Everything was so wrong. I’d been misled. I wasn’t an angel. I wasn’t Lucifer. I was only Gabriel Abrams – a simple human being. This woman who had touched me, this being who called herself “Samantha,” the same witch’s name from that old TV show I’d watched all those years ago on Nick at Nite (preparing me somehow magically for this precise moment), was divine, and it was forbidden a fallen creature like me to have physical contact with that descendent of heaven. When she rested her hand on my shoulder, we’d broken the taboo, and that meant only one thing: I was to die.

As if an angelic spear launched from her palm straight into my heart, coldness seeped out of my stomach and through all my limbs. I began trembling. Samantha looked at me with a sort of compassion I’d never seen one being visit upon another, and in her gaze, I realized death was imminent. It wasn’t something abstract. It wasn’t something still to come in a far-off, distant time and place. The Great Nothingness edged into my consciousness. I awaited the sudden disappearance of everything – my senses, my memories, my feelings – and my reemergence into a divine “One” of undifferentiated experience.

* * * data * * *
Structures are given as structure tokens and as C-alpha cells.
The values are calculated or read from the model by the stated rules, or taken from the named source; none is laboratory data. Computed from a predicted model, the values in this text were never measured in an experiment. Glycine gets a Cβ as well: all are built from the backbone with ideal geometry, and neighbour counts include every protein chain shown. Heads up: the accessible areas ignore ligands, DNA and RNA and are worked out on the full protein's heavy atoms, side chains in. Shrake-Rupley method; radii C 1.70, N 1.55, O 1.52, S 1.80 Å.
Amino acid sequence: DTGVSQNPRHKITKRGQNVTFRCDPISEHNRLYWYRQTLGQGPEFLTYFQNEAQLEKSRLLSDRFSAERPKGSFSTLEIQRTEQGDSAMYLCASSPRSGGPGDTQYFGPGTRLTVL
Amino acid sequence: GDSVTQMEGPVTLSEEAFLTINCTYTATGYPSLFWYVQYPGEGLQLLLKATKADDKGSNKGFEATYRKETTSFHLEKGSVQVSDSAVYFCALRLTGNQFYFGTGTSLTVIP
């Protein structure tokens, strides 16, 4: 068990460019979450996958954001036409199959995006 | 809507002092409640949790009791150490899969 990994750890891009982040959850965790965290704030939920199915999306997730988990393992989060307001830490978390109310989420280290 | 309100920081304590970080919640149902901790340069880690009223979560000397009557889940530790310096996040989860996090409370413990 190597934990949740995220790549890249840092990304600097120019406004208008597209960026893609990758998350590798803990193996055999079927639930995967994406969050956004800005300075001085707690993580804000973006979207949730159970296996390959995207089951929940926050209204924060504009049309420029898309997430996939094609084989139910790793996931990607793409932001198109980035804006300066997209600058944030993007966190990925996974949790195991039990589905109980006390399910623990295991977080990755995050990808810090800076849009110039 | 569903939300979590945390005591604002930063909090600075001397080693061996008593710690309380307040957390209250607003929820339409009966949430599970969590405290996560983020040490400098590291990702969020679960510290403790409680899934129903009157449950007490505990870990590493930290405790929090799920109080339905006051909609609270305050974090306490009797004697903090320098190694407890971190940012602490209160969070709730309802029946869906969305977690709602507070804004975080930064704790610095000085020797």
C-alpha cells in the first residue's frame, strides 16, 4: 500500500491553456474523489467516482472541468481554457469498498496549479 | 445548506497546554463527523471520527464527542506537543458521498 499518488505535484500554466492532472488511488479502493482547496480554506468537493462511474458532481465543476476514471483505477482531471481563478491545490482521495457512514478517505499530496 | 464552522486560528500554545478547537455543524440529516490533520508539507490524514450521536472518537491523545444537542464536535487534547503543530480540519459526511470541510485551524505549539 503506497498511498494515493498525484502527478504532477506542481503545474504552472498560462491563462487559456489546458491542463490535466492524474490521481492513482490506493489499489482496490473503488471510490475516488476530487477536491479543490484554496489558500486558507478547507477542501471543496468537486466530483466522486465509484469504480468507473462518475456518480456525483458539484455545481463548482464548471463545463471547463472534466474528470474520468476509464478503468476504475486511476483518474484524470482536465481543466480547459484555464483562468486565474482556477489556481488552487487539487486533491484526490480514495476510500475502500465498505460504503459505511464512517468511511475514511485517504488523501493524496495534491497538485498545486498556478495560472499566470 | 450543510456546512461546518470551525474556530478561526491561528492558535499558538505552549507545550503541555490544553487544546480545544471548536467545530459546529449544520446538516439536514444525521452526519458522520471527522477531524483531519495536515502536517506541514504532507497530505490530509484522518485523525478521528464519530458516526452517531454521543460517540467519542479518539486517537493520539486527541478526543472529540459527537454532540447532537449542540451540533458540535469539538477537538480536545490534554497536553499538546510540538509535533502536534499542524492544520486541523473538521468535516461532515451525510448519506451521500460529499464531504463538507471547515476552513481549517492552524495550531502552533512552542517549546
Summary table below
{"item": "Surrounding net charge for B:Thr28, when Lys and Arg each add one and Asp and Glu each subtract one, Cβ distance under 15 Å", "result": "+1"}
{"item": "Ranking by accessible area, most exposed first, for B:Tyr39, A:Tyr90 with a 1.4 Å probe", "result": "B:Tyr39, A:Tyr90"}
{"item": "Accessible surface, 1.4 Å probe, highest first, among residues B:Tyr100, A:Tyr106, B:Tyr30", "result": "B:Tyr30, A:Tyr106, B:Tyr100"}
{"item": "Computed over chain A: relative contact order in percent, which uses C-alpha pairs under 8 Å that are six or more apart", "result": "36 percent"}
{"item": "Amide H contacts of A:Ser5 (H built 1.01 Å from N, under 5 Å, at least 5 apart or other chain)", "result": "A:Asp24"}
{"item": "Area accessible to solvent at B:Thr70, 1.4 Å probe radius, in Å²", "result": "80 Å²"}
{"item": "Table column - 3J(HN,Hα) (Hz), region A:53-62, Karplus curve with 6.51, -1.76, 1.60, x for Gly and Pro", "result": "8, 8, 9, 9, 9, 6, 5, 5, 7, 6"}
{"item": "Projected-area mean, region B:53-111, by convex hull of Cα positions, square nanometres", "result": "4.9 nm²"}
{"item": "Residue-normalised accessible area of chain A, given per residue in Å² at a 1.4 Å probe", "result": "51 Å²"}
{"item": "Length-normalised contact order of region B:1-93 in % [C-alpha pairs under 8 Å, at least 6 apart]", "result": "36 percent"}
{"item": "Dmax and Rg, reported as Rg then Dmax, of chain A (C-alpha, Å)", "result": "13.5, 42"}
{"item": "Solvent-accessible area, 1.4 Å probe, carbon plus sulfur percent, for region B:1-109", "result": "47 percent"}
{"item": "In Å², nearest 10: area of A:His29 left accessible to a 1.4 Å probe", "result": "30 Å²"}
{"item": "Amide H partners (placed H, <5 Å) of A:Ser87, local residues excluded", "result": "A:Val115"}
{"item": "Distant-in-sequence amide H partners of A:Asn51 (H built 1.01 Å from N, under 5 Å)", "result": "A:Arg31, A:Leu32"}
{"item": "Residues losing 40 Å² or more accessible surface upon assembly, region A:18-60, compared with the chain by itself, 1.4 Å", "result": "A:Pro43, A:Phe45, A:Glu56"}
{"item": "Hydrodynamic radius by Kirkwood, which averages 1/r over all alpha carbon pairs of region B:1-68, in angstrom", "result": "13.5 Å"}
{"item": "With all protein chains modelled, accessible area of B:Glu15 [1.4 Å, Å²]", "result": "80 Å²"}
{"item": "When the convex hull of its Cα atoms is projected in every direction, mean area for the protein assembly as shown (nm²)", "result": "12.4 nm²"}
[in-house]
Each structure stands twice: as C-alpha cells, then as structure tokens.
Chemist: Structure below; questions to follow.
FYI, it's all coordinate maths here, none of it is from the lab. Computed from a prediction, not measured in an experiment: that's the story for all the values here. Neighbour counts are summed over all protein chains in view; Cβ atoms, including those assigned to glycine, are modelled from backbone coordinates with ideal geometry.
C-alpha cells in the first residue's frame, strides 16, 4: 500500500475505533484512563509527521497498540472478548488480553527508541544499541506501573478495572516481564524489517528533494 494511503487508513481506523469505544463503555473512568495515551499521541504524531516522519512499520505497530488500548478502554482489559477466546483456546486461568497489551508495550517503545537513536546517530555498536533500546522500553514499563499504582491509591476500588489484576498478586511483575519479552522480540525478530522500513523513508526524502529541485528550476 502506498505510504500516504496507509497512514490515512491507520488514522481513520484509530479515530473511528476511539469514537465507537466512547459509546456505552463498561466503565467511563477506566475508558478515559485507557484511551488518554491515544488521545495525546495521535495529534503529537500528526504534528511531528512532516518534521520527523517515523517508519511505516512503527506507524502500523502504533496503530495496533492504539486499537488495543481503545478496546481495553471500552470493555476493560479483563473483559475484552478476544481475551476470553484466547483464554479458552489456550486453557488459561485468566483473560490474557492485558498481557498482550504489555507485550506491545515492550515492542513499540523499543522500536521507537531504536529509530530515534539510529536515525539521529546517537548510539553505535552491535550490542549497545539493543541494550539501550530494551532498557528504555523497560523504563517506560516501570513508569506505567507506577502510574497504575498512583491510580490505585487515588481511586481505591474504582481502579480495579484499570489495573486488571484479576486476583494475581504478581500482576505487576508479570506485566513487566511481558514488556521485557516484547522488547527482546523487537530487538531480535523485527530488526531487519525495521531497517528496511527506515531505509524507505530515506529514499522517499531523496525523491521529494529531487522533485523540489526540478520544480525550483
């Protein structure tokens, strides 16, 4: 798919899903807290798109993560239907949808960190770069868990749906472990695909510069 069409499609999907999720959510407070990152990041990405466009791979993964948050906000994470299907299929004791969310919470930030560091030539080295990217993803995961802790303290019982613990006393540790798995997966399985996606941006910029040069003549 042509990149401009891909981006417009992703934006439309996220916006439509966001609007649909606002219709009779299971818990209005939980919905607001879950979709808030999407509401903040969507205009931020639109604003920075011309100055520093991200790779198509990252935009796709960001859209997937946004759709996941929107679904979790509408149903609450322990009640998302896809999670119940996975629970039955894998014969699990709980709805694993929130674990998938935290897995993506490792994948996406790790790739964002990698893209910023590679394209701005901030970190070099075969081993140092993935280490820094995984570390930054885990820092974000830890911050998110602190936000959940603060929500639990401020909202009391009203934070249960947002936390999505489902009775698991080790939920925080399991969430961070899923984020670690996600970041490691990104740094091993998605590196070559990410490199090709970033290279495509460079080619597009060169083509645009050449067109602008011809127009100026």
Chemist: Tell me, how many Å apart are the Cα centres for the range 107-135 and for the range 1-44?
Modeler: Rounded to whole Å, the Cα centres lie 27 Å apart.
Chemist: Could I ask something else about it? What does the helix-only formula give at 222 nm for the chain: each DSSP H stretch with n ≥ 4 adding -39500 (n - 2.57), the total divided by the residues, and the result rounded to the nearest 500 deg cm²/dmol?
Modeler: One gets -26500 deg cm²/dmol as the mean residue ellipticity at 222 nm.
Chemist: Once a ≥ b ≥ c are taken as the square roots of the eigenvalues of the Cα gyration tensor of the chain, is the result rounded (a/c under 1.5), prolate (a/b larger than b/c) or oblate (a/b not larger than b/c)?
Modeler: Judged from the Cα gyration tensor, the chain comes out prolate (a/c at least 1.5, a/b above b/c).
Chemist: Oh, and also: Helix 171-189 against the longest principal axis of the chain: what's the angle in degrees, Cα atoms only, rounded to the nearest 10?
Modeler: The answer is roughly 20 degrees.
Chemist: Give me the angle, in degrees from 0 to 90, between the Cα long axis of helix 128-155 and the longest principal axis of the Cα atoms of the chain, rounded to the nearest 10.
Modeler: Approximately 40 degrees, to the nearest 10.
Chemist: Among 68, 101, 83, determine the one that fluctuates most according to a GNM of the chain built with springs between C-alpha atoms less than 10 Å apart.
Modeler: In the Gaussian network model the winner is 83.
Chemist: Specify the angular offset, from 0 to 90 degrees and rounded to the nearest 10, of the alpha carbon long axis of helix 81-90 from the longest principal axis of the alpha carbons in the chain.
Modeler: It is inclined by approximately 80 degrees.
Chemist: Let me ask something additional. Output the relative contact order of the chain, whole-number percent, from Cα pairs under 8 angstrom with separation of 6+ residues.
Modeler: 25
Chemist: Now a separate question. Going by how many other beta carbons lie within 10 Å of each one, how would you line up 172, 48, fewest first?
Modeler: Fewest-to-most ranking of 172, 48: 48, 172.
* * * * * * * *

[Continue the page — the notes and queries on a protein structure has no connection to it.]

Samantha walked me back to that café I’d just passed upon my return to New York, The Verb. She sat me down at a wooden table inside, and she stepped back out to make a phone call. I could see her through the window. I sat quietly awaiting the inevitable end of everything I’d ever known. Charlie came in and sat down at the table across from me. He was nervous. I thought he’d been sent to punish me for my sins, which were legion. Two policemen, speaking into chest-mounted walkie-talkies, stood staring from the doorway. An ambulance’s flashing lights illuminated the street.

“Gabriel, will you please go with the policemen?” Charlie asked.

I shook my head, No.

“Will you get in the ambulance, then?” he went on.

Again, I shook my head, No.

Charlie paused. He looked around. From behind the counter, the barista leaned forward. Poised to pounce, he was listening intently to how our conversation progressed. Charlie said, “Gabriel, I think I’m going to go to the hospital because I need some help. But I’m a little scared about that. Will you please come with me?”

I nodded, Yes. I never saw Brooklyn again until I returned that August of 2008.

Click here to start this story from the beginning.

Or click here to keep going.